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Benefits and Entitlements Overview

Learn about mandatory and optional employee benefits in Iceland

Mandatory benefits

Iceland has a comprehensive set of mandatory employee benefits established by law. These benefits ensure a strong social safety net for workers and contribute to a healthy work-life balance.

Iceland prioritizes worker well-being through generous paid leave entitlements. Here's a breakdown of the main categories:

  • Annual Leave: All employees accrue a minimum of 24 weekdays of paid annual leave per year. This entitlement increases with tenure, reaching 30 weekdays after ten years with the same employer.
  • Public Holidays: Employees are entitled to paid time off on all Icelandic national holidays.
  • Sick Leave: During their first year, employees receive two days of paid sick leave per month. This extends to two months of paid sick leave after one year with the employer, provided with a doctor's note. The duration of paid sick leave further increases with service time.
  • Parental Leave: Both mothers and fathers are entitled to parental leave.

Social Security Contributions

Employers in Iceland are required to withhold social security contributions from employee wages. These contributions fund various social security programs, including:

  • Unemployment Insurance: Provides financial support to unemployed individuals while they seek new employment.
  • Parental Leave Insurance: Contributes to income replacement during parental leave.
  • Bankruptcy Insurance: Offers protection to employees in case of employer bankruptcy.

Additional Mandatory Benefits

Beyond paid leave and social security, Icelandic law mandates other employee benefits:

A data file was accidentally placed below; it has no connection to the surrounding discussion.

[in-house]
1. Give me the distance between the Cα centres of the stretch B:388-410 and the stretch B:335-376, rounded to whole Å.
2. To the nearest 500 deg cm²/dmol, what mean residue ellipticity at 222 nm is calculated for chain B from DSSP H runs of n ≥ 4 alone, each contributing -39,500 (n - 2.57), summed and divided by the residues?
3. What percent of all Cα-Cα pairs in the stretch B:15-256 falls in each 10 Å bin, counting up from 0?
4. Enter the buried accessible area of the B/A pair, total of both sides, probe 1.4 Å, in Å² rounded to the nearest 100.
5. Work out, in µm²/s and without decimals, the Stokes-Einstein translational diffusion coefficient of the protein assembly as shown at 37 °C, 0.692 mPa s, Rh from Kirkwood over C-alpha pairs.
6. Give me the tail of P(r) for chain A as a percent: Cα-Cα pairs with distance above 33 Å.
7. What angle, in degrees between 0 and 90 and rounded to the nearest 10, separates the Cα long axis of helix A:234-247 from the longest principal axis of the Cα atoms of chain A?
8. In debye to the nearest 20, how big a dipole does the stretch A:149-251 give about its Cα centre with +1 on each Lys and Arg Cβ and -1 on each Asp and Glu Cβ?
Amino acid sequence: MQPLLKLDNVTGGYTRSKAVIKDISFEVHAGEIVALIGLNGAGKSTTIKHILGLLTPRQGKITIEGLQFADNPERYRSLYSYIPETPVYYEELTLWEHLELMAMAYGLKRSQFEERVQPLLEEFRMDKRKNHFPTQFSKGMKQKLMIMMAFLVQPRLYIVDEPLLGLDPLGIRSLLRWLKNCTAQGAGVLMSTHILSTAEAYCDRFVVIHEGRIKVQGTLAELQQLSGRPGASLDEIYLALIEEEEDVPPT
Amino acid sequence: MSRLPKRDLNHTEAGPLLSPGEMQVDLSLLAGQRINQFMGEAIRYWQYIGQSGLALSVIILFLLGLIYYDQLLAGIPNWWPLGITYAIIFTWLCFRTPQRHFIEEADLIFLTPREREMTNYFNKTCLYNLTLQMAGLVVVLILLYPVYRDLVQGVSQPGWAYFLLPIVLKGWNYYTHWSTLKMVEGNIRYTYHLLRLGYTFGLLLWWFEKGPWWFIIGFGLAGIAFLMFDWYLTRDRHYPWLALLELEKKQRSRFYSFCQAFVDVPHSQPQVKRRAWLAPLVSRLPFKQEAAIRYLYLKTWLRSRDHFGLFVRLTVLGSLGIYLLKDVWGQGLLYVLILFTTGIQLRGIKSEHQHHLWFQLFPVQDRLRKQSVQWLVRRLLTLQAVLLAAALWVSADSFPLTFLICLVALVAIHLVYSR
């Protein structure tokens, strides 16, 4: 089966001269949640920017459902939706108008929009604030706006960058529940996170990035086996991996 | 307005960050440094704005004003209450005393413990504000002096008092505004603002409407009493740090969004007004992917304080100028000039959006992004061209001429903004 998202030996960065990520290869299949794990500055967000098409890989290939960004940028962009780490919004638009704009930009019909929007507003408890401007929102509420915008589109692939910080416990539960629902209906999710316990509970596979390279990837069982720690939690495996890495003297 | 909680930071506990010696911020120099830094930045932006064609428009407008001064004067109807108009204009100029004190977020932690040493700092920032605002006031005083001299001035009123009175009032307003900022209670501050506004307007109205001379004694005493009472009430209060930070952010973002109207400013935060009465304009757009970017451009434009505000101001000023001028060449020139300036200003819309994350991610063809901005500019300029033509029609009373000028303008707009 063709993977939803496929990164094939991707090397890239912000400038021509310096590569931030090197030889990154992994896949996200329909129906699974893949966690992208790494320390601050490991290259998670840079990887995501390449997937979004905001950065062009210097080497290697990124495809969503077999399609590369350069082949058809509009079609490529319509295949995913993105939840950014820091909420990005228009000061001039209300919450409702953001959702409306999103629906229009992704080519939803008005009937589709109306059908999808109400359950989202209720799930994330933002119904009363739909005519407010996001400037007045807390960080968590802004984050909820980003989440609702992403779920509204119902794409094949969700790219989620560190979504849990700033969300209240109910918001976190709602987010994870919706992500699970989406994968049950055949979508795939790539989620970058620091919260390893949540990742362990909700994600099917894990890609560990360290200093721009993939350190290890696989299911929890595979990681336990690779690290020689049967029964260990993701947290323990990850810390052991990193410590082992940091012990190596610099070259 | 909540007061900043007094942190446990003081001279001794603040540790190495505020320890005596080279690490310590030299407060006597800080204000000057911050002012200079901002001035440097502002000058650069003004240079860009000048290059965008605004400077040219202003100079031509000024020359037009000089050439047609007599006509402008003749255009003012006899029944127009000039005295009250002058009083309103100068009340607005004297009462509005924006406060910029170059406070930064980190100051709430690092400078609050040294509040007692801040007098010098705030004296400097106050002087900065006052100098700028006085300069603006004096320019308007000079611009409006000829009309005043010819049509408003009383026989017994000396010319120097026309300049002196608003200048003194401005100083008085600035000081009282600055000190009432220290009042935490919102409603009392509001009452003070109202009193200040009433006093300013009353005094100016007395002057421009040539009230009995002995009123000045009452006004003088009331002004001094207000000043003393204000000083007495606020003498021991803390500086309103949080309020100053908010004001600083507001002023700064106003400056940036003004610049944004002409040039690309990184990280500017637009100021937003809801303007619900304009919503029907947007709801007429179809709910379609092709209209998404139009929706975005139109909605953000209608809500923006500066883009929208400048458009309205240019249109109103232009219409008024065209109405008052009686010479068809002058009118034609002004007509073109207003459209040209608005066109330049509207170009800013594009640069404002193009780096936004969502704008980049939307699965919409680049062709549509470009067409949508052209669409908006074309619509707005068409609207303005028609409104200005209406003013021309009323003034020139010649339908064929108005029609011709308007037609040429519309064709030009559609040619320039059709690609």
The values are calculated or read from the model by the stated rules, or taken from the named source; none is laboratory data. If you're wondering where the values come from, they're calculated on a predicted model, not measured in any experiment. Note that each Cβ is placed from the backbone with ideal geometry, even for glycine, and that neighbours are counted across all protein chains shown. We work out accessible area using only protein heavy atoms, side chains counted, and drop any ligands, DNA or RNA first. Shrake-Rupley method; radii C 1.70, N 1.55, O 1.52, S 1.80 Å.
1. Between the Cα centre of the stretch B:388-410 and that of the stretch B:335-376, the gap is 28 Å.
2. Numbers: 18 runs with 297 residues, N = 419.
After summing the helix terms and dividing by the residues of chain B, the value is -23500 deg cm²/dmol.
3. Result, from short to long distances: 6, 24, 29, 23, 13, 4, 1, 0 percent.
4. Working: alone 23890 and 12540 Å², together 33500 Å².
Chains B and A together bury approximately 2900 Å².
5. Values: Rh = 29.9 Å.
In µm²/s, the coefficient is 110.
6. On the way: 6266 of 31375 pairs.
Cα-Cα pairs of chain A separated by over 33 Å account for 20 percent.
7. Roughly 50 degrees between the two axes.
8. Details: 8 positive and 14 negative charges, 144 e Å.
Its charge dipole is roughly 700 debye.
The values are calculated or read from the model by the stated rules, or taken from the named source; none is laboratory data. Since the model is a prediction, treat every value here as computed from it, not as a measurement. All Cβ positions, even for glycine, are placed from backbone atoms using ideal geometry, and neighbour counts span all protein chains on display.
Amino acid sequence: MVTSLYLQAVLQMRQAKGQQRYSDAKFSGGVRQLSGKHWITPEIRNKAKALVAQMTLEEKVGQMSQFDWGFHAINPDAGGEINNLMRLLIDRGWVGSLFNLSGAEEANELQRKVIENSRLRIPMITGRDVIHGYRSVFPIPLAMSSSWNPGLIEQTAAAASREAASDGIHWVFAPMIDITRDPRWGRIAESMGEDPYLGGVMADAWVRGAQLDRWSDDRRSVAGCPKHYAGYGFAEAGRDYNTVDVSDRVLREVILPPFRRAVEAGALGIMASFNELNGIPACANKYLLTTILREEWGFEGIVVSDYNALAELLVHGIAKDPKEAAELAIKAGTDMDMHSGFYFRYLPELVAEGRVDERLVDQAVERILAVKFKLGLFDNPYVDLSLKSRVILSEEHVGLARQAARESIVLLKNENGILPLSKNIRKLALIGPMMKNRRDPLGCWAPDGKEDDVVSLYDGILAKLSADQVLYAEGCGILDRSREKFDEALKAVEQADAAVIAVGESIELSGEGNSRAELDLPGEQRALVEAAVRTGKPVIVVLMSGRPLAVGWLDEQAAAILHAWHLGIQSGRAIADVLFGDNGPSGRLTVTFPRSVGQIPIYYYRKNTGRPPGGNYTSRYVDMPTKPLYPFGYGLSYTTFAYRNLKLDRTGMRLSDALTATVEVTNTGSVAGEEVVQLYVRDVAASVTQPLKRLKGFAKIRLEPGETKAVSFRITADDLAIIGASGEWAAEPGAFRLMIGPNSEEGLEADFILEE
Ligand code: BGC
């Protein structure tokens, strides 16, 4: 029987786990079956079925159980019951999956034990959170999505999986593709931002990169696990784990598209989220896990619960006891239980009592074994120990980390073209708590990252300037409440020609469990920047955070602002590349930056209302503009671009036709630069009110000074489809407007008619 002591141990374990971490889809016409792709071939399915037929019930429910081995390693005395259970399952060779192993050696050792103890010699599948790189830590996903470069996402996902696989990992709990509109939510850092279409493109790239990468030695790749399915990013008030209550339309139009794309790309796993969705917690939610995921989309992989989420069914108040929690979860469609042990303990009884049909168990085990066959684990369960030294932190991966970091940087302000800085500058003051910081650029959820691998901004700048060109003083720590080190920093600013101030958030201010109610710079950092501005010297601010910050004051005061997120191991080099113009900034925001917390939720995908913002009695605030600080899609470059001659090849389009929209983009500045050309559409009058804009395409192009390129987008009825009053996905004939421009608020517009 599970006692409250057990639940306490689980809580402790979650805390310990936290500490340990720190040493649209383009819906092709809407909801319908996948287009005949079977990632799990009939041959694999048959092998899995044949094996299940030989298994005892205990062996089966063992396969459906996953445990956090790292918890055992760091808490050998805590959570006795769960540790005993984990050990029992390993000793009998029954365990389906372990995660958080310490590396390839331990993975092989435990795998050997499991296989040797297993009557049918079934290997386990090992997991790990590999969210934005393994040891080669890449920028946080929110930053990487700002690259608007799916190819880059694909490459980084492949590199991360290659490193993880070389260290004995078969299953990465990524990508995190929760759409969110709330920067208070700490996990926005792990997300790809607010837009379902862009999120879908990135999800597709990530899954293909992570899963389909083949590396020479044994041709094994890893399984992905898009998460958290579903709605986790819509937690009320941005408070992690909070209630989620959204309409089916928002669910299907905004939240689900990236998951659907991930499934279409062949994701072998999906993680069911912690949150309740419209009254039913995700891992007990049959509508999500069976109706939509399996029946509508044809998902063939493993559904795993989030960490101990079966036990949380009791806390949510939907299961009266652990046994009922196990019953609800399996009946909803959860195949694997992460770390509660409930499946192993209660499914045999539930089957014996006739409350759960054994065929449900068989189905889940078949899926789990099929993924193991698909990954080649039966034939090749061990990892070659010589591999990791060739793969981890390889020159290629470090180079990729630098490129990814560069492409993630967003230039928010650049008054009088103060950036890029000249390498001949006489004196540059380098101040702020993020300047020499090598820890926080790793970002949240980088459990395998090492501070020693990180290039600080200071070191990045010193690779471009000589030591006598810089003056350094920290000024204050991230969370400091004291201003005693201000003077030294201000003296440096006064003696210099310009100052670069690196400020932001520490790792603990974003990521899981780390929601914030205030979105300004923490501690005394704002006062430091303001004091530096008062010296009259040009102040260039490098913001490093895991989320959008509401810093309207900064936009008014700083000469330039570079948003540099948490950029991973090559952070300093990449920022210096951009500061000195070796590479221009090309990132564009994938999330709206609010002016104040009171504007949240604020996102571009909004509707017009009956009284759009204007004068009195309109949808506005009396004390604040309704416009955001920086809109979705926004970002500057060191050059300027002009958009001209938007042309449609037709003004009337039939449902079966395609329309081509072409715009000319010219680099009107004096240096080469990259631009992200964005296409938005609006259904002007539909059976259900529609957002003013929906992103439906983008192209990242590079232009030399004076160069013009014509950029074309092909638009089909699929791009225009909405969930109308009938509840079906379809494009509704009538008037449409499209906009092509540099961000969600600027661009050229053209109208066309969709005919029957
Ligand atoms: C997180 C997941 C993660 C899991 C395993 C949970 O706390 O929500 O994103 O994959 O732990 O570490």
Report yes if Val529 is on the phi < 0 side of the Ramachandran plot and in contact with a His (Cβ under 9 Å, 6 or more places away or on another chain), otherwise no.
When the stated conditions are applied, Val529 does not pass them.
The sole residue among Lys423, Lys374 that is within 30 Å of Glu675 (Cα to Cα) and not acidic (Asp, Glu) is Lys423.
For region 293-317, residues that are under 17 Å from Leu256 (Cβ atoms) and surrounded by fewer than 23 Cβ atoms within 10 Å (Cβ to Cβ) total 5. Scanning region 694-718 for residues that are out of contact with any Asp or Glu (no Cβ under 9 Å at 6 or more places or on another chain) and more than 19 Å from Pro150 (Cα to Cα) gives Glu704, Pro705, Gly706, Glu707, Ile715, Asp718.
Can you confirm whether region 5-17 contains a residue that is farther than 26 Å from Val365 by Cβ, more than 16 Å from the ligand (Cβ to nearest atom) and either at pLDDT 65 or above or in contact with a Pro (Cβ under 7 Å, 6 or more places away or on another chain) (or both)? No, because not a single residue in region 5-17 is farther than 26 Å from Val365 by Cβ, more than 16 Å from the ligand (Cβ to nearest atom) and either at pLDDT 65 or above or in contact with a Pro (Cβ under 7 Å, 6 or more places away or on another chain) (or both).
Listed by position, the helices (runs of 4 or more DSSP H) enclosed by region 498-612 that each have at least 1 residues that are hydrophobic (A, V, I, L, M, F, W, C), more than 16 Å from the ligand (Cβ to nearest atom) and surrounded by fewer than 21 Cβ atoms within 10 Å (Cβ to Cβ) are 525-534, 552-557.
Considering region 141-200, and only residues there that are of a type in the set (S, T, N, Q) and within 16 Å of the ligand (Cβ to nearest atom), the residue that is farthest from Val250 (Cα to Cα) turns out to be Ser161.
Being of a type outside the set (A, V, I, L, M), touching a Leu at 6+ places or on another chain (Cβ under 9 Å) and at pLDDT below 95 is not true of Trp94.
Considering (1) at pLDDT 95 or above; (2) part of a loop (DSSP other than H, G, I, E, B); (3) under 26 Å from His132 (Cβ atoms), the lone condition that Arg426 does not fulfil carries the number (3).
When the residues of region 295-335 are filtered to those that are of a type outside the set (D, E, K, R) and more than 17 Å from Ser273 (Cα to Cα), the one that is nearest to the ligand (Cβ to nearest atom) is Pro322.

• Probationary Period: The law dictates a standard probationary period for new hires.
  • Overtime Pay: Employees working beyond standard working hours are entitled to overtime pay.
  • Notice Period: Both employers and employees must adhere to a minimum notice period when terminating employment.
  • Severance Pay: In some cases, employees may be entitled to severance pay upon termination.

Optional benefits

In Iceland, employers often provide optional benefits to their employees to attract and retain top talent, in addition to the country's comprehensive social safety net.

Health and Wellness

  • Private health insurance: Some employers offer private health insurance that covers additional services like dental care or vision correction.
  • Gym memberships or fitness subsidies: Many companies contribute to gym memberships or offer on-site fitness facilities, recognizing the importance of employee well-being.

Work-Life Balance

  • Flexible working hours: Icelandic companies often allow employees to manage their work schedules around personal commitments, embracing flexible work arrangements.
  • Generous vacation time: Many employers offer extended paid leave, promoting a healthy work-life balance, in addition to the statutory minimum of four weeks paid vacation.

Financial Security

  • Pension contributions: Some employers contribute additional funds to private pension plans for their employees, despite Iceland having a national pension system.
  • Profit sharing: Some companies offer profit-sharing schemes, allowing employees to benefit directly from the company's success.

Family Support

  • Childcare assistance: Employers might provide subsidies for childcare or on-site daycare facilities to ease the burden on working parents.
  • Parental leave top-ups: Some employers offer additional paid leave on top of the statutory minimum, despite Icelandic law guaranteeing generous parental leave.

Personal and Professional Development